DALLAS MORNING NEWS
Builder's PAC aided judge
Justice says help needed for his legal bills even as firm's appeal neared
By WAYNE SLATER
Wednesday, April 4, 2007
AUSTIN - A political committee funded by Republican homebuilder Bob Perry contributed $16,000 to help Supreme Court Justice Nathan Hecht pay his legal bills as the court was preparing to hear arguments in a case against Perry's company.
Justice Hecht solicited donors in February to pay the cost of defending himself against charges of violating judicial ethics. The state's judicial-conduct panel admonished Justice Hecht last year for using his office to promote the failed nomination of Harriet Miers to the U.S. Supreme Court. The sanction was subsequently overturned, but Justice Hecht owed $340,000 to his lawyers.
Hillco PAC, an Austin-based committee whose primary funder is Mr. Perry, donated $16,000 to the justice. And the contribution came days before the Texas Supreme Court heard an appeal by Perry Homes seeking to overturn a string of unfavorable rulings.
The case involves a retirement-age couple, Bob and Jane Cull of Mansfield, locked in a 10-year legal battle with the Houston-based homebuilder over structural problems with their house.
An arbiter awarded the couple $800,000, but Perry Homes has refused to pay.
Attorneys for Perry Homes say the couple waived their right to arbitration.
The arbiter and lower courts disagreed.
The donation violates no laws or ethics rules. And Justice Hecht is not required to report campaign contributions until July, so it's unclear whether he received more from Mr. Perry or other donors with business before the court.
Mr. Perry has given more than $1 million to Hillco PAC for distribution to statewide and legislative political candidates since 1991. Mr. Perry has also contributed to candidates in his own name, including more than $300,000 to all nine current Supreme Court justices, either directly or through political committees, over the years.
Justice Hecht has said he raised enough to cover his legal bills but didn't know the identity of the contributors. Hillco PAC directed questions to Perry spokesman Anthony Holm, who declined to discuss the matter.
The political committee contributed $16,000 to Justice Hecht in February and $20,000 to a second Supreme Court justice, Don Willett, in March.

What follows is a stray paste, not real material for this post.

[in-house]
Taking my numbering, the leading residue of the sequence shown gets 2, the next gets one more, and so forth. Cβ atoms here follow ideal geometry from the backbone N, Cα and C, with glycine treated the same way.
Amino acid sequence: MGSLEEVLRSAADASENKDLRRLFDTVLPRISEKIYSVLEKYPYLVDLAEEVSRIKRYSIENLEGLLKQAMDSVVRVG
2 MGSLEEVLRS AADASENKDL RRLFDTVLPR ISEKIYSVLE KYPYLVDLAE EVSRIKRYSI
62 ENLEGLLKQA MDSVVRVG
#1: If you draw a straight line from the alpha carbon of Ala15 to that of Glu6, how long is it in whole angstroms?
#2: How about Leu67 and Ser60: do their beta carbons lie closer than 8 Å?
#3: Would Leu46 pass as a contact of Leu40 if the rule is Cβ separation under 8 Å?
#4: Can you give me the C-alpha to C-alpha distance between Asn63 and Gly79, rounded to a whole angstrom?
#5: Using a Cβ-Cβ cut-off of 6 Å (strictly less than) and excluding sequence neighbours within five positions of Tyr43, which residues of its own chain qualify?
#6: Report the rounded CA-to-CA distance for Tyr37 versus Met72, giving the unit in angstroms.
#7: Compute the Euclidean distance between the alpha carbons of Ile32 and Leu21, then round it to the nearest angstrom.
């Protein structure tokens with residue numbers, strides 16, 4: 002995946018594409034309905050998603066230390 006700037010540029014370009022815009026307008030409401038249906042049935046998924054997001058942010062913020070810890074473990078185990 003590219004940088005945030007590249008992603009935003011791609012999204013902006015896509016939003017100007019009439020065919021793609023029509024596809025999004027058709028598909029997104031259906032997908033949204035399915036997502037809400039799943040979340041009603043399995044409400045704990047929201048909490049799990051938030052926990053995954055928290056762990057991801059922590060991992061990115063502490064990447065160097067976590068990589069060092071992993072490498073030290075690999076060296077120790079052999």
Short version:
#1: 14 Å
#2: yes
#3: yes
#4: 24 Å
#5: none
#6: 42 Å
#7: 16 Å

Alex Winslow, executive director of Texas Watch, a non-partisan group that tracks campaign contributions, criticized Justice Hecht for soliciting donors with cases before the court.
"Taking the money when he did to pay for his personal legal expenses, at the very least, calls his impartiality into question with regard to the Perry Homes case," he said.
Justice Hecht said there was nothing inappropriate about the fundraising. He said he was wrongly accused by the judicial-conduct panel and left with a large legal bill.
"Take any judge, you can't pay the legal fees out of your own pocket. You don't make enough," said Justice Hecht, whose salary is $150,000 a year. "So your choices are either to take the injustice and say its part of being in public service or quit."
Justice Hecht initially asked two legislators to sponsor bills for the state to pay his legal bills, but the measures were withdrawn after The Dallas Morning News reported that the judge had solicited campaign contributors.
MONEY TO THE BENCH
Nov. 30, 2006: Bob Perry gives $40,000 to Hillco PAC
Feb. 3, 2007: Justice Nathan Hecht writes to political donors, asking for help paying his legal bills after being accused of violating judicial ethics.
Feb. 6: Hillco contributes $1,000 to Justice Hecht.
Feb. 15: Hillco contributes an additional $15,000 to Justice Hecht.
Feb. 20: The Texas Supreme Court hears oral arguments in an appeal by Bob Perry Homes in a case against homeowners Bob and Jane Cull.
Feb. 26: Bob Perry gives $50,000 to Hillco PAC.
March 7: Hillco contributes $20,000 to Supreme Court Justice Don Willett.
Although candidates need not file contribution reports until July, Hillco PAC files monthly with the Texas Ethics Commission. Its most recent filings show that it has collected $134,000 since the November elections - $115,000 of that from Mr. Perry, including $50,000 in February.
Copyright 2007 The Dallas Morning News